Showtime Networks is amassing a small army of at least 18 partners to blast out free views of the first two episodes of original series The Tudors on cable video-on-demand services and Internet sites.
CEO Matt Blank said it’s the biggest promotional push the network has ever done, although he declined to put a dollar figure on the campaign.
“There’s a tremendous marketing challenge whenever we launch a new show to get it in front of potential viewers,” he said. “It’s a lot different than if we had 110 million television households. So we need to be a little bit more aggressive to get our programming sample in front of people.”
Showtime has about 14 million subscribers, one-half of HBO’s 29 million.
The network is spending an estimated $25 million on the 10-episode Tudors, which stars Jonathan Rhys-Meyers as a petulant, sexually avaricious Henry VIII and imagines the earliest years of the 16th century king’s reign.
On March 19 -- two weeks before the show’s April 1 premiere on the network -- the two Tudors episodes will be available via free VOD on Comcast, Time Warner Cable, Cox Communications, Cablevision Systems, Mediacom Communications, Atlantic Broadband, Bright House Networks, RCN and other operators.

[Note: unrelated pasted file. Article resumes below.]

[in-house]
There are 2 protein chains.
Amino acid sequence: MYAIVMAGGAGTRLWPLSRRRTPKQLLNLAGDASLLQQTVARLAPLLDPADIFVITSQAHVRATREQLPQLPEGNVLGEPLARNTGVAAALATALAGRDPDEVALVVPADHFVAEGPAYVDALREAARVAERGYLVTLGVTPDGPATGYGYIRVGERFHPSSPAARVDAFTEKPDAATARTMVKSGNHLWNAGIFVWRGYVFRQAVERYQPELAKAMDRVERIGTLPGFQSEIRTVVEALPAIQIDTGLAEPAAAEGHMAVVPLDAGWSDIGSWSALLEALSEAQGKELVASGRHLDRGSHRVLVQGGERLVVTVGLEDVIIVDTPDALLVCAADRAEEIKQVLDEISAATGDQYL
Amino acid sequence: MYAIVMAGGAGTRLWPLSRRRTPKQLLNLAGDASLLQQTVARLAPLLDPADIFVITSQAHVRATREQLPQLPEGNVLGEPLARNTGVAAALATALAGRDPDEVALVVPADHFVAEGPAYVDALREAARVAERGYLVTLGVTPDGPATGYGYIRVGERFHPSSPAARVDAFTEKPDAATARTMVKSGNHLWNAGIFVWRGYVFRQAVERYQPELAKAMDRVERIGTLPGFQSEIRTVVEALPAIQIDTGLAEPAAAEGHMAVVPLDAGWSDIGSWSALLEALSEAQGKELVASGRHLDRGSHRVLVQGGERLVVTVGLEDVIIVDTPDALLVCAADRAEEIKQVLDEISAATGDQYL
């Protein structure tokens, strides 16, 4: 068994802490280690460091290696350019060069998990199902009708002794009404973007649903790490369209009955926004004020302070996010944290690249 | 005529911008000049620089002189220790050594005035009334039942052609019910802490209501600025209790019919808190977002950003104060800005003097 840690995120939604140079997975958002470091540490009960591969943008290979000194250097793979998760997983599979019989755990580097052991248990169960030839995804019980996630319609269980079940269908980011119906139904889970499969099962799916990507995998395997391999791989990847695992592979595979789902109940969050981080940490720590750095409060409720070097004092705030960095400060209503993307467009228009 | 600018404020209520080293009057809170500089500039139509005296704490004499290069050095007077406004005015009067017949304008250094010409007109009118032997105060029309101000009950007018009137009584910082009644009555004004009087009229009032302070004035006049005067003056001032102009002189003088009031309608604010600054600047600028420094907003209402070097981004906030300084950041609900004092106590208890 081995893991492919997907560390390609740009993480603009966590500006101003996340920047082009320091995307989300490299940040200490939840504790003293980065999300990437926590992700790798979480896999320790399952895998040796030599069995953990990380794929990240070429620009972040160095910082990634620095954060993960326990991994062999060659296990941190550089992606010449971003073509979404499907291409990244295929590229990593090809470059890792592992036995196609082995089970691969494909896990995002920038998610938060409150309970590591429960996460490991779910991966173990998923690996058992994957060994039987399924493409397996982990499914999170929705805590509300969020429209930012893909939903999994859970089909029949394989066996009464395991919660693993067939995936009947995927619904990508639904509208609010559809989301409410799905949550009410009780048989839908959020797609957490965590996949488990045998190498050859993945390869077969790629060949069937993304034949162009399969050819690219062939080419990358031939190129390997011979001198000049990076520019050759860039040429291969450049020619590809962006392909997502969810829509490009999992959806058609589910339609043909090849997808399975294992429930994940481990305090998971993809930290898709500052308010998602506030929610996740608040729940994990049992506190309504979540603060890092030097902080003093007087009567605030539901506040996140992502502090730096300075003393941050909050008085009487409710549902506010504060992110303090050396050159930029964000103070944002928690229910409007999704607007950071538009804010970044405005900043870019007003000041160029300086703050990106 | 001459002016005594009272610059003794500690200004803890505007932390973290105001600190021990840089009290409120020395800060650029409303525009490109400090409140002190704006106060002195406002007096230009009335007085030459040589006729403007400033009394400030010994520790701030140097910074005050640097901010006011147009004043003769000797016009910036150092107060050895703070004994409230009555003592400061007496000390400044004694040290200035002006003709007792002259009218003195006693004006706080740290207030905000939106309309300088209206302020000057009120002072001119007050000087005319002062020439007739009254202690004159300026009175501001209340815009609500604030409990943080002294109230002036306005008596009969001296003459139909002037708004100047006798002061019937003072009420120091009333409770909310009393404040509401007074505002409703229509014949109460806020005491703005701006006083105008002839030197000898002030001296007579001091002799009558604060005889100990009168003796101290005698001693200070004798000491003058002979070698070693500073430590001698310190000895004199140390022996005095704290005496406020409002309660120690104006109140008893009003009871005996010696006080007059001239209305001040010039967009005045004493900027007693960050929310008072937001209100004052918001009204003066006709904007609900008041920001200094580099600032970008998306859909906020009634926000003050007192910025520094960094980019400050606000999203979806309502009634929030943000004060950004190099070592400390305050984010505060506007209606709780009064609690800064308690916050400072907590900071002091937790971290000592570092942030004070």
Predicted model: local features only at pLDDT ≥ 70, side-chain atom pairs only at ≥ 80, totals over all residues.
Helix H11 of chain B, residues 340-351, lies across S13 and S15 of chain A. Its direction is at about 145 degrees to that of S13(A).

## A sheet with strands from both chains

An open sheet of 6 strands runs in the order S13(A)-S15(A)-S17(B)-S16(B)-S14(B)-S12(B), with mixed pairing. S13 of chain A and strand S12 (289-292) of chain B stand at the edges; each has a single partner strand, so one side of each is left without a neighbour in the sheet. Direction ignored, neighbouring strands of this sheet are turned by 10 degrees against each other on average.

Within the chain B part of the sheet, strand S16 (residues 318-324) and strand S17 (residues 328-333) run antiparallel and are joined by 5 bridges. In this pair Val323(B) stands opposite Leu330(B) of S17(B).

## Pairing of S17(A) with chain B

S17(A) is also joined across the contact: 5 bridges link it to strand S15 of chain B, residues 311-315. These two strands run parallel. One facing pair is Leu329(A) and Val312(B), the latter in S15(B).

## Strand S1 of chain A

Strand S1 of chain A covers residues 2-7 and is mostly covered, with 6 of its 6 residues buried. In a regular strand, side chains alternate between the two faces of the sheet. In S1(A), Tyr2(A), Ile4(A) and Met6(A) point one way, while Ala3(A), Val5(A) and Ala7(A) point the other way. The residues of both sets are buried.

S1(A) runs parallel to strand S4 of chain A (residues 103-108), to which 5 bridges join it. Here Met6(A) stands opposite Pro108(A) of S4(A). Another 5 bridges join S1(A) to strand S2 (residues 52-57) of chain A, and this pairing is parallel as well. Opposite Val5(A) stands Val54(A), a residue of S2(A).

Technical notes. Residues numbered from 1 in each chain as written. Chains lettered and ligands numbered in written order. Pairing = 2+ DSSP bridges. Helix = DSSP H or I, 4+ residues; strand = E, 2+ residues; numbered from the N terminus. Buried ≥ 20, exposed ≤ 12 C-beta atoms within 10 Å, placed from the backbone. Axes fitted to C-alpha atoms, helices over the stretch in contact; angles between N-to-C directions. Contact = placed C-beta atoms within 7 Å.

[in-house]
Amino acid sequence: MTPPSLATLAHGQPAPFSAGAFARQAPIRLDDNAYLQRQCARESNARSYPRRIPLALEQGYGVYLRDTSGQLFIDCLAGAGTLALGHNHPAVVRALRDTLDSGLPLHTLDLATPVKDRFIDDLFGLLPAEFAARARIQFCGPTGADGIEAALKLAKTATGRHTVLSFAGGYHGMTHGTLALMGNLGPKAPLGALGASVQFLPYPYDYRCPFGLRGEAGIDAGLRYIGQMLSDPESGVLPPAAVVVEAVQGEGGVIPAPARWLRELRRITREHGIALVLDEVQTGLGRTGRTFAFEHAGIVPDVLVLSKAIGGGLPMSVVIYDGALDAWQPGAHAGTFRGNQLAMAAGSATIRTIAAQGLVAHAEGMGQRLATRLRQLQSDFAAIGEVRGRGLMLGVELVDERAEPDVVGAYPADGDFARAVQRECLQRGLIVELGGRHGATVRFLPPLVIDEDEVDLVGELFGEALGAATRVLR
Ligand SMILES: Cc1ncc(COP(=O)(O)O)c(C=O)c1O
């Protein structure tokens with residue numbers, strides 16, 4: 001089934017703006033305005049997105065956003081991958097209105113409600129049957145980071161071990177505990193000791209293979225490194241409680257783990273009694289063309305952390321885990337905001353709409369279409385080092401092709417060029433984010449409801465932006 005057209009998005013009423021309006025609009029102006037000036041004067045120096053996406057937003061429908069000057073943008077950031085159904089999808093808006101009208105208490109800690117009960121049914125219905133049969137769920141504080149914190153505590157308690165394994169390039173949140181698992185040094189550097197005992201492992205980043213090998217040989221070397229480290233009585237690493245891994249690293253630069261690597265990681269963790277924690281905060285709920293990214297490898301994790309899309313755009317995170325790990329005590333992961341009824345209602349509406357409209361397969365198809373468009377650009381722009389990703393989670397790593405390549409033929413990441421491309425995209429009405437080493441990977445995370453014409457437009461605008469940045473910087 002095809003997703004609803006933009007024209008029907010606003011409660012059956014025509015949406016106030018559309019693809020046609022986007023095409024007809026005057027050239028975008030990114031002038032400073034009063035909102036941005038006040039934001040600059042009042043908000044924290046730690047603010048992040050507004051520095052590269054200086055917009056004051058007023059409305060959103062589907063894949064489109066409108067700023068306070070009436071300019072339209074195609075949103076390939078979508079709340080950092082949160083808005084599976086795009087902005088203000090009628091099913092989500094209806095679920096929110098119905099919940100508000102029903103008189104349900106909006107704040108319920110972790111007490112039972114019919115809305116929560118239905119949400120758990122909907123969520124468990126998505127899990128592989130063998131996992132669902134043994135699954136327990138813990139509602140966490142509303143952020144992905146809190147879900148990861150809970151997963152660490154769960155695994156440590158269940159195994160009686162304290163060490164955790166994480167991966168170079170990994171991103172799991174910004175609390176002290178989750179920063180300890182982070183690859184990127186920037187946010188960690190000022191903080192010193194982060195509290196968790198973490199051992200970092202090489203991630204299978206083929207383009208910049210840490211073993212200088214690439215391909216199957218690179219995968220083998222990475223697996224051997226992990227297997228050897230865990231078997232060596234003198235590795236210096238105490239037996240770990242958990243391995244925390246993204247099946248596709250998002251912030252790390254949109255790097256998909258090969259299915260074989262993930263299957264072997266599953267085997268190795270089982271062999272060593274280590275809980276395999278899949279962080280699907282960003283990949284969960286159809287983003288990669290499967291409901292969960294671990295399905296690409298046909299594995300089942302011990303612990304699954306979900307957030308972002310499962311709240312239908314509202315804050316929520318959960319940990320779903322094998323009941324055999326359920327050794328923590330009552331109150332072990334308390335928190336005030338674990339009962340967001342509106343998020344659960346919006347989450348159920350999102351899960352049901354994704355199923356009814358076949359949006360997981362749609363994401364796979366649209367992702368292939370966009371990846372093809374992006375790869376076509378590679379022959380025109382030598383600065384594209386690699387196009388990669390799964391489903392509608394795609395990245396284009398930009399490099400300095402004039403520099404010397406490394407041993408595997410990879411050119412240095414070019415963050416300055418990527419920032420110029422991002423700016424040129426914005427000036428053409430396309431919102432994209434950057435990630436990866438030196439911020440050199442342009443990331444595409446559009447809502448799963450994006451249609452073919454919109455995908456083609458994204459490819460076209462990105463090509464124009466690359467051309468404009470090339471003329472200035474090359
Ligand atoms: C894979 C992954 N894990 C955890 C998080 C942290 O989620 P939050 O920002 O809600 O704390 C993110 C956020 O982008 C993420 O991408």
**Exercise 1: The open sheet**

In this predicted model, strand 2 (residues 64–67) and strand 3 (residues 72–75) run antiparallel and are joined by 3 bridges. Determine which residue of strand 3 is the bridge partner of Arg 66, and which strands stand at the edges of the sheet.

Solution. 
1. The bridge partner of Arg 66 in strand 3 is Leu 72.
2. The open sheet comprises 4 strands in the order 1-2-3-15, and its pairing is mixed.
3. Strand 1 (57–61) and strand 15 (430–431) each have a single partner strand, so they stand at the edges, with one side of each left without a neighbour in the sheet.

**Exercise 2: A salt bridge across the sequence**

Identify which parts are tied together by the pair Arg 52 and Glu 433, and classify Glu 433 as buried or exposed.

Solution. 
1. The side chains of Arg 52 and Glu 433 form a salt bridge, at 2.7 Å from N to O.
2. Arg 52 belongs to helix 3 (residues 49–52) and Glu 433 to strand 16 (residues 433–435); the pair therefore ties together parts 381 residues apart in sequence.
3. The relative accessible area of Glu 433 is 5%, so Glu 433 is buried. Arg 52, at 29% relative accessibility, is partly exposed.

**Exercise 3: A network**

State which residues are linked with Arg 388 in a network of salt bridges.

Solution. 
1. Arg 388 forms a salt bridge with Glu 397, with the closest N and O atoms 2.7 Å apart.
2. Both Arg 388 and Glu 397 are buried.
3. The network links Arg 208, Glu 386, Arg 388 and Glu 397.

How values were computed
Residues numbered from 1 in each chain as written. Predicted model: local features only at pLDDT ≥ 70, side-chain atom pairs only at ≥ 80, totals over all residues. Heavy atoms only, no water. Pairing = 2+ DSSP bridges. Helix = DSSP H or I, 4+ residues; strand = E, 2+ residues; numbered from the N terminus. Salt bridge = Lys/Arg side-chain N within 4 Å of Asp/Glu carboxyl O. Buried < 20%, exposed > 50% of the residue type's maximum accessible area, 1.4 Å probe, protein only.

At the same time, Internet users will be able to watch them via streaming video at Amazon.com’s Internet Movie Database -- the first time that site has ever streamed a full-length episode of a TV show -- as well as Netflix’s Watch Now, Yahoo, Microsoft’s MSN, CBS’ Innertube, Brightcove, CNET Networks’ TV.com and MeeVee.com.
At Showtime’s own sho.com site, hand-picked bloggers and other VIPs will get access to streaming episodes March 12.
And beginning March 20, Blockbuster will offer its Total Access rent-by-mail customers an exclusive DVD sampler with the show’sfirst three episodes.
Finally, Showtime is negotiating deals with movie-download sites to offer copy-protected versions of the two episodes that would be viewable only until April 8. At press time, the network said it had not officially landed a download partner.
The heavy buzz-building play is, obviously, supposed to titillate nonsubscribers enough to get them to pay for Showtime.
“This show really plays like a soap,” Blank said. “We wanted to get people as hooked as we can.”